I have a confession to make.
Sometimes, before a gig, I play a song for myself on the way, to get my mind right for the work at hand.
I do this because I often (still - after 11 years in business) feel inadequate. This light won’t be right. My settings will be off. The subject(s) will not be into it and fluid. I won’t capture what the client hopes to see.
This is 100% completely and totally all in my head.
Lies. All lies.
The anxiety I feel is also a lie. I know this because once I am on site and ready to shoot, it instantaneously melts away. Confidence blooms and surrounds me.
I let myself relax and love the client, just as they are, in the hollow of my heart.
They have no idea the range of emotions and sentiments I feel swirling within me.
I have a convincing professional veneer. I’m funny. I put them at ease, even as I am putting myself at ease.
Several years ago, I picked up a book on the advice of my therapist - Feel the Fear and Do It Anyway by Susan Jeffers, Ph. D. You can get your own copy here.
That book helped me in very practical and tangible ways. We were renting a house in North Bossier with an in-ground swimming pool. I was terrified of the deep end but so wanted to be able to jump in and swim without hindrance. I had read about the children in Shreveport that drowned trying to save each other at a family gathering on the Red River. Gut-wrenching. I had a two year old at the time and wanted to be able to do what was necessary should he ever go into the water and need my help, need saving like those precious little children.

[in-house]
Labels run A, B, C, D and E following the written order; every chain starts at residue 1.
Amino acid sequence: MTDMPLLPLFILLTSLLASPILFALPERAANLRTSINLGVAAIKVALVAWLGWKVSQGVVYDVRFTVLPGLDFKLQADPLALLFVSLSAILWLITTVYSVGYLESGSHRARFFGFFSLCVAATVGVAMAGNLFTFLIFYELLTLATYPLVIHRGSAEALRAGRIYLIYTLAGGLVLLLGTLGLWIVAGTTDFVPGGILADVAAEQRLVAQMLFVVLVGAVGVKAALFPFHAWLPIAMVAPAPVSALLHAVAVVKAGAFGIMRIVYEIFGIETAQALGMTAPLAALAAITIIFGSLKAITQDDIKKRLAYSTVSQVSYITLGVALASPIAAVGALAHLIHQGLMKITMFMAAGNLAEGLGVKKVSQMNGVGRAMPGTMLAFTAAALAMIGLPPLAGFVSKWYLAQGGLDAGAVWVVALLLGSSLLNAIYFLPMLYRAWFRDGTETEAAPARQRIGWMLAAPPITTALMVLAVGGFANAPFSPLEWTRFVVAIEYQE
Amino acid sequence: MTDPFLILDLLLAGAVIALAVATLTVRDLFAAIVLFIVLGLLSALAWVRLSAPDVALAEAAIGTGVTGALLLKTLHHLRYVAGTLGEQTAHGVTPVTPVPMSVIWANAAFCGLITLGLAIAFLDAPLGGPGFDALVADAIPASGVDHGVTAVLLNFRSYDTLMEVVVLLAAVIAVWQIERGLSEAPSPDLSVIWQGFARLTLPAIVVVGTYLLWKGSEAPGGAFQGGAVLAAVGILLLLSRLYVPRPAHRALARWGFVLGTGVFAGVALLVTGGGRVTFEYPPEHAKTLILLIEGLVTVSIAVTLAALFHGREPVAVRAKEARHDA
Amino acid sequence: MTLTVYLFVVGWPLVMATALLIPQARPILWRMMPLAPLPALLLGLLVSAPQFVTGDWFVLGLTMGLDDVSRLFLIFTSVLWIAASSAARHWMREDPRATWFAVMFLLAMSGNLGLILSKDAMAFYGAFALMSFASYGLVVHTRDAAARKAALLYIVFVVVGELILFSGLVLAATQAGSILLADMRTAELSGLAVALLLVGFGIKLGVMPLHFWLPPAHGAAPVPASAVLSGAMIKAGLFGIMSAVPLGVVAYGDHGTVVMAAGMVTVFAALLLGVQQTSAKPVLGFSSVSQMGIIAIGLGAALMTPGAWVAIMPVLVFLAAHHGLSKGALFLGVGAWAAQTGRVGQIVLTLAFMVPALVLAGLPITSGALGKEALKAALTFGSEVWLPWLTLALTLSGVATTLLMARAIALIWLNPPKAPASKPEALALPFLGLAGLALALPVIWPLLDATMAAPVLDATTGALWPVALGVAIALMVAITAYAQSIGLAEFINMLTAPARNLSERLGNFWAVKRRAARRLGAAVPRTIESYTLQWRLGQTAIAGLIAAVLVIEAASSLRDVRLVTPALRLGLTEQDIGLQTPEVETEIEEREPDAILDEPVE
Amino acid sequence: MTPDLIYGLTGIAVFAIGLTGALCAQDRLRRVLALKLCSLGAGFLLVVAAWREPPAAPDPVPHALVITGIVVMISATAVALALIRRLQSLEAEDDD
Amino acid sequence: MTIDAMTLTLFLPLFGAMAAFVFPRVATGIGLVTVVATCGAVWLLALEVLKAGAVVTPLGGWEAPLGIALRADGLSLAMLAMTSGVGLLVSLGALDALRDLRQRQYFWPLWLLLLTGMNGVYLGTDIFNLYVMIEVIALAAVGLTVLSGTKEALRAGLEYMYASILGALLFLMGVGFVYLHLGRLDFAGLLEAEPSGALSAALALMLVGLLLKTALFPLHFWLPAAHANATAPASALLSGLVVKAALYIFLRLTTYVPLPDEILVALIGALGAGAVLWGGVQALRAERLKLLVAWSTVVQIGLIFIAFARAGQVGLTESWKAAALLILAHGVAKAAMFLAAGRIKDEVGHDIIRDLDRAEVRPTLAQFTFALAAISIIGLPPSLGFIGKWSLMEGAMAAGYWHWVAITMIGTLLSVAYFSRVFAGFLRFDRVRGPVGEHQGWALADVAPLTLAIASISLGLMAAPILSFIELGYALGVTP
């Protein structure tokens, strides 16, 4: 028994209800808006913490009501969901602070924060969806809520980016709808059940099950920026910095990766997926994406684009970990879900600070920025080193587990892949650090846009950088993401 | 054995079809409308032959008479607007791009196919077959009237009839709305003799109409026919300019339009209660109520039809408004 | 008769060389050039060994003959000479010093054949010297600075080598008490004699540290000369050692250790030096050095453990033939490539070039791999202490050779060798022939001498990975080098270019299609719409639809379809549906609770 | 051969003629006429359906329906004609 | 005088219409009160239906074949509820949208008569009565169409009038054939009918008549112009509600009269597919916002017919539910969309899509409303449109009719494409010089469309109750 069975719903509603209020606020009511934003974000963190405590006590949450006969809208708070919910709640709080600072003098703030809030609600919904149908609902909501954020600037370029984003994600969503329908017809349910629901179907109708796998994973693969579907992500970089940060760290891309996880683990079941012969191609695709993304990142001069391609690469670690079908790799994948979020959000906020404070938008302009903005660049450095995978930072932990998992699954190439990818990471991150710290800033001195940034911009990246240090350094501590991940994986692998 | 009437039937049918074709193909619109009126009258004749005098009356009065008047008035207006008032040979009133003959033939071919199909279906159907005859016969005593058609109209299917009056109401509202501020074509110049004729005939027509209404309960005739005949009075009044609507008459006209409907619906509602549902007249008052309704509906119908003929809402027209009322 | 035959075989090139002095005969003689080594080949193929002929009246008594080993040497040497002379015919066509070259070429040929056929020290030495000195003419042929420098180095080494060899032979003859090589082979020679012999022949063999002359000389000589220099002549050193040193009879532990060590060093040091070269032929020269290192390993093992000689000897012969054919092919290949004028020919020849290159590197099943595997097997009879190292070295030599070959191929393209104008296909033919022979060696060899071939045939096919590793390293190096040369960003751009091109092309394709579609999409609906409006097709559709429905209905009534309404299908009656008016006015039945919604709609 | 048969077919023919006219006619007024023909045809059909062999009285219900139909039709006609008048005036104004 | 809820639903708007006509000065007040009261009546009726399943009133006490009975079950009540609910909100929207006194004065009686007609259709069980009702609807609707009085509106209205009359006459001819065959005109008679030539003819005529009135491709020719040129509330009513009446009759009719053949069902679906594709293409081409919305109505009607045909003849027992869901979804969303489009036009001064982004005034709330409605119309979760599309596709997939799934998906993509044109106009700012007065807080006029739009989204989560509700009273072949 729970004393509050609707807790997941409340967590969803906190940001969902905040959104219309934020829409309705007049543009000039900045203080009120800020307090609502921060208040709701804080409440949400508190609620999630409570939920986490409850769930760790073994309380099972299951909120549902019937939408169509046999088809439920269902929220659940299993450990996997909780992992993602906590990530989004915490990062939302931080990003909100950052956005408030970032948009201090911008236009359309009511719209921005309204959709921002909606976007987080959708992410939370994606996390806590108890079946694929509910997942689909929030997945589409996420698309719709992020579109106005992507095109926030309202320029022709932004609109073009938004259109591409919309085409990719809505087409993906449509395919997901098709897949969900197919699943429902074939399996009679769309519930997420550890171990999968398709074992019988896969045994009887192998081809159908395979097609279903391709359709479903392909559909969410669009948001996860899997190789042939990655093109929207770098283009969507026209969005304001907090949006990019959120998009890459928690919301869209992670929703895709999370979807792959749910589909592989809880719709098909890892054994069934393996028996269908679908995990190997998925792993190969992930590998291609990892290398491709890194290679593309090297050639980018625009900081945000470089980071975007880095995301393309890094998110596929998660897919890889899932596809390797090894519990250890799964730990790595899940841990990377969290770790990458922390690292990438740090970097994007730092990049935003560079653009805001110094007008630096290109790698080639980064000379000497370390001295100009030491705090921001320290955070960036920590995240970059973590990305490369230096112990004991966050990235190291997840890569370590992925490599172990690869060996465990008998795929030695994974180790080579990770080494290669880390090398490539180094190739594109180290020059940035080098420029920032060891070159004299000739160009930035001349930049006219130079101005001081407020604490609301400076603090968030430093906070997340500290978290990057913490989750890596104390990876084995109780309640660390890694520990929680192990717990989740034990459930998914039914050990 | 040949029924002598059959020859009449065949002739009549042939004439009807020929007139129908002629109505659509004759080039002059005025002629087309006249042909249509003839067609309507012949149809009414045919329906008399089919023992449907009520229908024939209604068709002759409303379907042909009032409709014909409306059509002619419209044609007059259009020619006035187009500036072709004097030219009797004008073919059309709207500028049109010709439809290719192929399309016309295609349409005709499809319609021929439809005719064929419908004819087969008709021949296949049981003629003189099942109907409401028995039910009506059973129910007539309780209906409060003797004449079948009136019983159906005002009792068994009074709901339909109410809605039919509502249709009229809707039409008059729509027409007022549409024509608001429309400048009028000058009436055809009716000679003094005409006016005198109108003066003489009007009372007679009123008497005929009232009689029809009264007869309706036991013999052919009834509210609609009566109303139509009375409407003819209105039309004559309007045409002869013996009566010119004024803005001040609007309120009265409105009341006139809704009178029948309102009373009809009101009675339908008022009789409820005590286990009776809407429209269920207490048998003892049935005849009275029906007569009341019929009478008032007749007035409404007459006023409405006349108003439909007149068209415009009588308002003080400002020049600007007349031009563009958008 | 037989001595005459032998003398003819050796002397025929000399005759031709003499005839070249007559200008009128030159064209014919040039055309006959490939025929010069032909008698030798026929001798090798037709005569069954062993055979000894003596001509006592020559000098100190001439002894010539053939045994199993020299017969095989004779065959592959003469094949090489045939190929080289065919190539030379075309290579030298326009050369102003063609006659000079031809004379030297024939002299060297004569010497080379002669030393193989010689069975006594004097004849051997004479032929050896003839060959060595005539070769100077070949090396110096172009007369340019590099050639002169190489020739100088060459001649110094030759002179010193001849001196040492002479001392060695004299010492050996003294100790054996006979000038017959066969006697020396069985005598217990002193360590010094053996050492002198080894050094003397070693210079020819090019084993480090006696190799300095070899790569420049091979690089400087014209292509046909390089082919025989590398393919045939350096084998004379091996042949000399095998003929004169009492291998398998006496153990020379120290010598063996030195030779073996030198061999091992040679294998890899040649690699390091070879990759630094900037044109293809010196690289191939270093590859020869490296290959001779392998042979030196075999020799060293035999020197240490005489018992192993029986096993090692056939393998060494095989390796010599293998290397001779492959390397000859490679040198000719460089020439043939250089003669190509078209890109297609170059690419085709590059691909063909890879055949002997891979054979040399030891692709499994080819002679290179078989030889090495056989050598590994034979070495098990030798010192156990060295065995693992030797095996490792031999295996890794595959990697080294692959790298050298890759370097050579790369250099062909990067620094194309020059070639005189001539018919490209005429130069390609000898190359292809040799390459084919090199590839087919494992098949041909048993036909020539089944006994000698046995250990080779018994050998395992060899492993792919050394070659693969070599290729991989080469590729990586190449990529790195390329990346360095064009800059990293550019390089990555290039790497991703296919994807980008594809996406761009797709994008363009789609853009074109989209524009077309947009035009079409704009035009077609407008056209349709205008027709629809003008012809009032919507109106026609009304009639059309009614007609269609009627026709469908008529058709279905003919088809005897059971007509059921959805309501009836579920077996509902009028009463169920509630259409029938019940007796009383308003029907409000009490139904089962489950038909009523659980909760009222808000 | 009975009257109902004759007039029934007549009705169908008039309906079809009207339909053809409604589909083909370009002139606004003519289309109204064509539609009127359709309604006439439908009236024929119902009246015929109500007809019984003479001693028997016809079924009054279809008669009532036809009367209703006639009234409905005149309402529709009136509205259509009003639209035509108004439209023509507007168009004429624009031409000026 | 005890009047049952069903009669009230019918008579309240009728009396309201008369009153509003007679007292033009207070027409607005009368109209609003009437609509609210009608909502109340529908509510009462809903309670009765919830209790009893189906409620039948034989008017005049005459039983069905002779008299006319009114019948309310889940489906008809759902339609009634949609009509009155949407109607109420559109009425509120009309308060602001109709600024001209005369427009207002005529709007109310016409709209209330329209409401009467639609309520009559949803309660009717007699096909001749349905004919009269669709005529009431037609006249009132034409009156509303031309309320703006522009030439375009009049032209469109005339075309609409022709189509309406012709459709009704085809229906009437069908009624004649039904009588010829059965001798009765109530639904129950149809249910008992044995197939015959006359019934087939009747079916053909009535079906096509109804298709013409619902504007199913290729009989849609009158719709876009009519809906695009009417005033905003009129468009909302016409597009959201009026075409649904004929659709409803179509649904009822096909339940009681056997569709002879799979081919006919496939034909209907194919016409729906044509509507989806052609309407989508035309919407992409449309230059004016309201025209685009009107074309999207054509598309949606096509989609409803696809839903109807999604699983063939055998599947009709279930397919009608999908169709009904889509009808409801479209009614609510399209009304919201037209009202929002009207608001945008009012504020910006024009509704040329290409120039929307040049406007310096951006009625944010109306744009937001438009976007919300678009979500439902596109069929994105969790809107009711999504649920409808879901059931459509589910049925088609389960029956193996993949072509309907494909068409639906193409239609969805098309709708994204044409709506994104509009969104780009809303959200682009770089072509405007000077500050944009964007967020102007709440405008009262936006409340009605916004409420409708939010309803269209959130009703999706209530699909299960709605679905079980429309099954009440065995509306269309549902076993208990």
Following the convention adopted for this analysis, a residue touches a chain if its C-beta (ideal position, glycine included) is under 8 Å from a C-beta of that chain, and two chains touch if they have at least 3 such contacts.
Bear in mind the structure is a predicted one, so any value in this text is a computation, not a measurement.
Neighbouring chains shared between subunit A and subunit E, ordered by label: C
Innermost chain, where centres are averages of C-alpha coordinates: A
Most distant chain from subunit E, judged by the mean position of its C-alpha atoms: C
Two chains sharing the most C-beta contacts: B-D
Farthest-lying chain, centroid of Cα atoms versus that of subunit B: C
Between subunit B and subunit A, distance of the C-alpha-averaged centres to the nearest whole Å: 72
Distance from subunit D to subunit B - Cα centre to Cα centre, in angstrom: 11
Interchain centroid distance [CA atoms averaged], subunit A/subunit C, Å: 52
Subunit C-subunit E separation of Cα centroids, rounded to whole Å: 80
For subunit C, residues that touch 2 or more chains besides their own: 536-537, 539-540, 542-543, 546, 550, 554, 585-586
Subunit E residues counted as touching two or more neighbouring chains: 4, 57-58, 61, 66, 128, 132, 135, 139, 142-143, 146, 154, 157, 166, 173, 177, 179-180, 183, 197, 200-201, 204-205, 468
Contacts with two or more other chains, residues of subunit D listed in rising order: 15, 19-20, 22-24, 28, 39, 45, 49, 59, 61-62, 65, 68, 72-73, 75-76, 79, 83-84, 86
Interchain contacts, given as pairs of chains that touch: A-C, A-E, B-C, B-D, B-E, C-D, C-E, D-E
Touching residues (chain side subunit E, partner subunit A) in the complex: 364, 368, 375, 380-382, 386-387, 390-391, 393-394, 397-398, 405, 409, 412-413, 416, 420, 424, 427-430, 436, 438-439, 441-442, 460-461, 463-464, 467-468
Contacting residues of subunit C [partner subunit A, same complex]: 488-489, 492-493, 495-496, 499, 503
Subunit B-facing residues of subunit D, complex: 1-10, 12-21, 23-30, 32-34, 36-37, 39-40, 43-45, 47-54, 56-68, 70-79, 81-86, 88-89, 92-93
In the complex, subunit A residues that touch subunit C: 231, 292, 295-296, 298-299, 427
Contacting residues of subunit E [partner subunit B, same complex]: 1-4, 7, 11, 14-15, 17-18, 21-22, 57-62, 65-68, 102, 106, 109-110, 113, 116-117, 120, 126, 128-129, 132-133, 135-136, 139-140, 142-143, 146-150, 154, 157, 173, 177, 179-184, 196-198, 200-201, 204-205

I thought I would be able to jump in easily if I could just not feel fearful about it.
I was wrong.
I did not have to wait for fear to subside. I couldn’t wait for fear to subside. I had to jump in to kill fear. I had to jump in in spite of fear. I had to feel the fear and jump in anyway.
This is how I approach demanding tasks to this very day. It’s okay to be afraid. Everyone’s afraid of something. And I know myself and how brave I can be. How brave I have been. Fear would no longer be the liar that kept me trembling on the edge of the deep end. Fear will not keep me from meeting the challenges of my career. Fear will not hamper my growth and make me stagnant. It may raise my heart rate. It may need a song to soothe its sting. But it cannot keep me from the joy of daring.
What does the “deep end” look like for you? What challenges have you left unmet for fear of failure? How do you summon the courage to feel the fear and do it anyway?